Americans this year have faced the highest inflation rates in decades, making it harder for them to afford everyday goods and more expensive to raise their families. Prior research from Joint Economic Committee (JEC) Republicans has explored inflation costs by region, giving insight into how inflation varies across the country.[1] JEC Republicans’ Inflation Tracker will continue this work, tracking how much inflation increases costs for American families each month and how the drivers of inflation continue to vary across the country.

Inflation in February reached an annual rate of 7.9 percent, its highest rate since January 1982. Figure 1 displays how much inflation is increasing costs for the average American household. Inflation costs are shown relative to the price level in January 2021, when consumption patterns and inflation levels started to return to normal following the COVID-19 recession.

Figure 1: Average Monthly Cost of Inflation per Household by Census Division, Relative to January 2021

JEC Calculations. The added monthly cost to households is found by multiplying monthly inflation rates, each relative to January 2021, by average monthly household spending, which differs by region. The result shows how much rising prices throughout 2021 and 2022 have increased household costs each month. Consumer Price Indices (CPI) are retrieved for every month of 2021 and 2022 across all nine Census divisions, and the percent change in CPI each month relative to January 2021 is applied to average monthly household spending data across the four Census regions. Households in different divisions within the same region are assumed to have the same average monthly household spending. Household spending data is based on a two-year average from 2019 to 2020, meaning that this analysis likely underestimates current spending and the monthly cost of inflation by Census division. CPI and consumer spending data are both retrieved from the Bureau of Labor Statistics. [2]

Relative to January 2021, high inflation increased costs for the average American household in February 2022 by $435, costs that were $51 higher than last month (total may not add due to rounding). Families in the Mountain region—Utah, Colorado, Arizona, New Mexico, Montana, Idaho, and Wyoming—are experiencing the highest inflation rates and $582 in added household costs. Alternatively, those in the East South Central—Kentucky, Tennessee, Mississippi, and Alabama—are experiencing relatively lower inflation costs of $385. Households in the remaining regions are facing monthly inflation costs ranging from $390 to $450. See Appendix for these specific inflation cost values.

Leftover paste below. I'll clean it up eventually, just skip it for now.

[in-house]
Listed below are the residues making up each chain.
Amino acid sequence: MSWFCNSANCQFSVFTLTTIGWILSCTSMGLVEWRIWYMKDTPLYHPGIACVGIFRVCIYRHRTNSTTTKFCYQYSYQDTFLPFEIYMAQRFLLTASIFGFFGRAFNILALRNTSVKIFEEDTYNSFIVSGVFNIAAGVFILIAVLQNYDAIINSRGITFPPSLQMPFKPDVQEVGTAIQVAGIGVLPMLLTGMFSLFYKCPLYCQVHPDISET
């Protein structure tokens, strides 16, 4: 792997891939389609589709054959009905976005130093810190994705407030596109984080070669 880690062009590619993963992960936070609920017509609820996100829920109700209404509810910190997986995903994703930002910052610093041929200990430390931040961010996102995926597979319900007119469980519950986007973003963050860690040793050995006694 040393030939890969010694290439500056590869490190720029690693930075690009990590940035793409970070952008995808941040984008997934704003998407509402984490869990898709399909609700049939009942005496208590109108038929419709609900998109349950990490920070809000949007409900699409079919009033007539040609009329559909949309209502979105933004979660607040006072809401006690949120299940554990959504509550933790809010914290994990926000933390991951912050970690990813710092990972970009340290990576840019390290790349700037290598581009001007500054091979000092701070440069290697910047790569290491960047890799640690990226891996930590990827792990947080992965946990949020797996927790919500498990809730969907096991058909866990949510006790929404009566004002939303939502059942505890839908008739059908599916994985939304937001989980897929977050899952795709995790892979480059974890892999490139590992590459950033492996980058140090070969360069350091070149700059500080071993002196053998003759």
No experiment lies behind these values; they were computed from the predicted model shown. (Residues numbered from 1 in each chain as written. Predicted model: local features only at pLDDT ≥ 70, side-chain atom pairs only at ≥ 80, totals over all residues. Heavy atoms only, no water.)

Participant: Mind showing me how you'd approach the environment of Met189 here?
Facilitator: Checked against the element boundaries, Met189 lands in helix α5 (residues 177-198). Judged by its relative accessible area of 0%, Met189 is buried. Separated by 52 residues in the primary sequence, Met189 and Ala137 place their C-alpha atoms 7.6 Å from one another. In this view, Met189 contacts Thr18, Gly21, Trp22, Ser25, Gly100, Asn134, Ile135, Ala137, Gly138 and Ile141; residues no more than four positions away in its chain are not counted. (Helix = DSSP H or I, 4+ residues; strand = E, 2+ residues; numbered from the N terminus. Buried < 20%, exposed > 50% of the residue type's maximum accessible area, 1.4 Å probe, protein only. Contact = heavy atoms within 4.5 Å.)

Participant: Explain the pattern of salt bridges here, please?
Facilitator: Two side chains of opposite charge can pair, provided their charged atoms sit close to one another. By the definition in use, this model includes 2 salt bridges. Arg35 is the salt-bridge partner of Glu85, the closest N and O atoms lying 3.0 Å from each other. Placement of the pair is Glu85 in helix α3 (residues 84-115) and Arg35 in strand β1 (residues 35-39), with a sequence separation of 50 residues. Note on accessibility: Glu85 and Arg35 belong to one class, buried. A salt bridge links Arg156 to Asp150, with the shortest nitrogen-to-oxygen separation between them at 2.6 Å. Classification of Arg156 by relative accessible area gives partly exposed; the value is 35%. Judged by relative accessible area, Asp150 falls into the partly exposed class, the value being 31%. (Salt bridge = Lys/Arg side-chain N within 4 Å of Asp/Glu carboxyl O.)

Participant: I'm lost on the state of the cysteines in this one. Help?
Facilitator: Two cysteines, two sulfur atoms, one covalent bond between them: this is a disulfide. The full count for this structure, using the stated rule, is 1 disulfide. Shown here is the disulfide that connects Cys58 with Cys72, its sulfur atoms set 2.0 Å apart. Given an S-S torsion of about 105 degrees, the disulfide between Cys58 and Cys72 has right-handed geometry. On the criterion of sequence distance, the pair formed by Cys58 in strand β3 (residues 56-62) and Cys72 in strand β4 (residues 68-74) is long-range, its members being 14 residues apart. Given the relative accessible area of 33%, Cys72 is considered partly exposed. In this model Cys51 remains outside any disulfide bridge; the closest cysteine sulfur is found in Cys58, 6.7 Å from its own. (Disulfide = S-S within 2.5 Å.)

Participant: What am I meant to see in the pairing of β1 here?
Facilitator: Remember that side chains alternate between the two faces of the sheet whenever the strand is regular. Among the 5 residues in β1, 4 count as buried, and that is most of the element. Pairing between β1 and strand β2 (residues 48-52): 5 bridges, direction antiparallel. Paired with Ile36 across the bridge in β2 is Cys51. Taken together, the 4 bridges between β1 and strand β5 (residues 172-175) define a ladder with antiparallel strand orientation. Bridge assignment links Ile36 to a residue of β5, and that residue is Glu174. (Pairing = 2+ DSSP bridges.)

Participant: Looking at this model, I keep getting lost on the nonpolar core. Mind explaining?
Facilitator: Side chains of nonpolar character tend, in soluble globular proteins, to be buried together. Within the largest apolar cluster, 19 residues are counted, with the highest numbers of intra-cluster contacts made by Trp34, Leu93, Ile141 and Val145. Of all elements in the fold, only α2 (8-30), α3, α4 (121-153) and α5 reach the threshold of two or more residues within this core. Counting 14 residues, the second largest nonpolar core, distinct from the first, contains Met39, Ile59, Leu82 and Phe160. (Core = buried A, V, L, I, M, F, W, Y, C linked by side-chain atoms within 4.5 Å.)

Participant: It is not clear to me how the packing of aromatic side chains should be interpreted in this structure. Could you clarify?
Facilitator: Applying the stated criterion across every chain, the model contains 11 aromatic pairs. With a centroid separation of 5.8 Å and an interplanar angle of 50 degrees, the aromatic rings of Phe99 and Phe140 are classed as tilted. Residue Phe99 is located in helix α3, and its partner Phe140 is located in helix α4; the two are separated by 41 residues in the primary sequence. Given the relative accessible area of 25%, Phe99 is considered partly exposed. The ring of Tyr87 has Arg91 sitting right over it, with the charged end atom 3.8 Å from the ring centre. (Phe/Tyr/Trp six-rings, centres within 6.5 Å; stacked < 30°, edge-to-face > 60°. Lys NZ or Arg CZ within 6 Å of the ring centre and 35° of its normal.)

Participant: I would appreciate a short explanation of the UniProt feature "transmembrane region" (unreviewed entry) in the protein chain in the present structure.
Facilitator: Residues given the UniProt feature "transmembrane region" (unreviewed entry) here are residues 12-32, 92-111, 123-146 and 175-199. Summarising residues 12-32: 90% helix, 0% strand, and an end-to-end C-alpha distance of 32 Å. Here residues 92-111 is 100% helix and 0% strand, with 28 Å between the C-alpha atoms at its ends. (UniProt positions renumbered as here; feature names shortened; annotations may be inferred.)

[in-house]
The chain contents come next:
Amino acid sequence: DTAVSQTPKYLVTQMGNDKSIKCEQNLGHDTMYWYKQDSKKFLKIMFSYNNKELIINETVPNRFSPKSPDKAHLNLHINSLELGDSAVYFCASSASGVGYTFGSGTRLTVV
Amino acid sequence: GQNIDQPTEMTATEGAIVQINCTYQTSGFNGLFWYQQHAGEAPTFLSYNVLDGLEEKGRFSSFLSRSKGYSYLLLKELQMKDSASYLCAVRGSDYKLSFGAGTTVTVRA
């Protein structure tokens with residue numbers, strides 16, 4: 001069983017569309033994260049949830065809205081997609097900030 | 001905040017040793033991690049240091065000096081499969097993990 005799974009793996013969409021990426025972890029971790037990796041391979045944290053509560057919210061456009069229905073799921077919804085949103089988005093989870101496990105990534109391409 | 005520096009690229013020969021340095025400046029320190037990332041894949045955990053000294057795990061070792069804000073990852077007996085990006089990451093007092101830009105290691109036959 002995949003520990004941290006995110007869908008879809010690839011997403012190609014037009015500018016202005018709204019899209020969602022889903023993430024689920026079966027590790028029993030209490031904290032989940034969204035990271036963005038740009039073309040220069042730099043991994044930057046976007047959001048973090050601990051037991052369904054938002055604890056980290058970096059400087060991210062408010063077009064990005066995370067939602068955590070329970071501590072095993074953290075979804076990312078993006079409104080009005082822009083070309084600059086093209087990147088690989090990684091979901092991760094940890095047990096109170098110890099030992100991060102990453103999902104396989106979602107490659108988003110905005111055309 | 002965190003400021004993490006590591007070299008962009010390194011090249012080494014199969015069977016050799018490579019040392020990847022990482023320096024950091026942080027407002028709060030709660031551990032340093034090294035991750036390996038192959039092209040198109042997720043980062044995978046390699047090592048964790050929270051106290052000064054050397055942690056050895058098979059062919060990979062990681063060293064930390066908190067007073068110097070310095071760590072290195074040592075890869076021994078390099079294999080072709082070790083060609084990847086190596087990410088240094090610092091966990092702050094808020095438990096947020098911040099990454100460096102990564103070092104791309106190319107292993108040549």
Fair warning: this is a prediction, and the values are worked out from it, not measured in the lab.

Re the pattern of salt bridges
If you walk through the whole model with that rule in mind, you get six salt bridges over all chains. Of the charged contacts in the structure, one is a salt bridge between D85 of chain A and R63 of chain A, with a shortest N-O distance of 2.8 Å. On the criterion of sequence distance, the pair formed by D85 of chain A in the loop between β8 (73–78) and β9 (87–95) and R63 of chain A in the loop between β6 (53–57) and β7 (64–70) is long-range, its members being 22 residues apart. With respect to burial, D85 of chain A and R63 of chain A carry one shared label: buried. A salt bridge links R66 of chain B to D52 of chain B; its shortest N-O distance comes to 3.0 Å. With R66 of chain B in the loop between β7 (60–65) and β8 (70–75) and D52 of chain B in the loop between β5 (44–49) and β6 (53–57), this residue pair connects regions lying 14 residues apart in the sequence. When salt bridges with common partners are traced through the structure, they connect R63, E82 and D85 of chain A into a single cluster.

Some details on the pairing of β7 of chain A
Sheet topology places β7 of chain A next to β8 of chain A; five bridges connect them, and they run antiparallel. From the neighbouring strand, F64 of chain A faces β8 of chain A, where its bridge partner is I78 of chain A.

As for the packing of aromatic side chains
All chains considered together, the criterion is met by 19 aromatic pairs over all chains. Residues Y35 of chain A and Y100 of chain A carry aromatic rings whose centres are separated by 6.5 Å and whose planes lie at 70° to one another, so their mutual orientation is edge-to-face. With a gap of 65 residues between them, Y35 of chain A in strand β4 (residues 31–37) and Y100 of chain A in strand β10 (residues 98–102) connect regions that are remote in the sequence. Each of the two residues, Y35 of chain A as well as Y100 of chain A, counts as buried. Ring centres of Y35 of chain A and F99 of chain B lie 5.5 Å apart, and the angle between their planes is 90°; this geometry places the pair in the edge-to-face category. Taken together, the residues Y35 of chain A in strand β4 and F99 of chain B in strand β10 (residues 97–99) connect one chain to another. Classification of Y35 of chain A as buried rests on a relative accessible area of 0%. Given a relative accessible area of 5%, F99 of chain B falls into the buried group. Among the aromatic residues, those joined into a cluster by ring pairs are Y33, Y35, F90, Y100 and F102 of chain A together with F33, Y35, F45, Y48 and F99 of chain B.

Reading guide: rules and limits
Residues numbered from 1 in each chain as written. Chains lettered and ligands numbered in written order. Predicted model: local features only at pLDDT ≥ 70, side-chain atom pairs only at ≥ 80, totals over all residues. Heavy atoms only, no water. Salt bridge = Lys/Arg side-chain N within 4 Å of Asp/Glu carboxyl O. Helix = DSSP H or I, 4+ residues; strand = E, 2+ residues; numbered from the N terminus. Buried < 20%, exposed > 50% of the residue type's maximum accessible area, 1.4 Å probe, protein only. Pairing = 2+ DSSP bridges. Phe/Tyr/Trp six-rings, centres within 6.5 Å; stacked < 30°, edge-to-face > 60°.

Inflation costs are rising in every region. For example, the inflation cost in the Mountain region increased by $71 in February 2022, the largest single month increase across all regions. 

Figure 2 breaks down annual inflation rates by region and spending category. Overall inflation in February ranged from 6.4 percent in the Middle Atlantic to 9.7 percent in the Mountain West. Within spending categories, housing prices rose the fastest in the Mountain West, food prices rose the fastest in the West North Central, energy prices rose the fastest in New England, and transportation costs rose the fastest in the West South Central. See the interactive map below for more insights into how rising prices are affecting Americans differently depending on where they live.

Figure 2: Annual Inflation Rates and Monthly Household Inflation Costs (Relative to January 2021 Price Levels) by Census Division, February 2022

*Alaska and Hawaii are included in the Pacific Region

JEC Calculations. Inflation rates are displayed as annual percent changes from February 2021 to February 2022. Household inflation costs are calculated by multiplying average household spending in each Census Region by the percent change in CPI relative to January 2021 in each Census Division. Households in different divisions within the same region are assumed to have the same average monthly household spending. Household spending data is based on a two-year average from 2019 to 2020, meaning that this analysis likely underestimates current spending and the monthly cost of inflation by Census division. CPI and consumer spending data are both retrieved from the Bureau of Labor Statistics. [3]

Appendix: Average Monthly Cost of Inflation per Household by Census Division, Relative to January 2021

  • Mountain: $582 
  • Pacific: $454
  • West North Central: $443
  • West South Central: $435
  • East North Central: $439
  • East South Central: $385
  • New England: $415
  • Middle Atlantic: $392
  • South Atlantic: $434

Jackie Benson
Senior Economist 


[1] Jackie Benson. “How Much is Inflation Costing You? It Depends on Where You Live.” U.S. Joint Economic Committee Republicans. March 2, 2022. https://www.jec.senate.gov/public/index.cfm/republicans/analysis?ID=C79AE4C4-2B14-4F1A-9AF3-61E2E91F3D6F.

[2] JEC Calculations. U.S. Bureau of Labor Statistics. Consumer Price Index, All Urban Consumers (Current Series). https://www.bls.gov/data/; U.S. Bureau of Labor Statistics. Consumer Expenditure Surveys, Calendar two year means tables by geographic areas, 2019-2020. https://www.bls.gov/cex/tables/geographic/mean.htm#msa.

[3] JEC Calculations. U.S. Bureau of Labor Statistics. Consumer Price Index, All Urban Consumers (Current Series). https://www.bls.gov/data/; U.S. Bureau of Labor Statistics. Consumer Expenditure Surveys, Calendar two year means tables by geographic areas, 2019-2020. https://www.bls.gov/cex/tables/geographic/mean.htm#msa.

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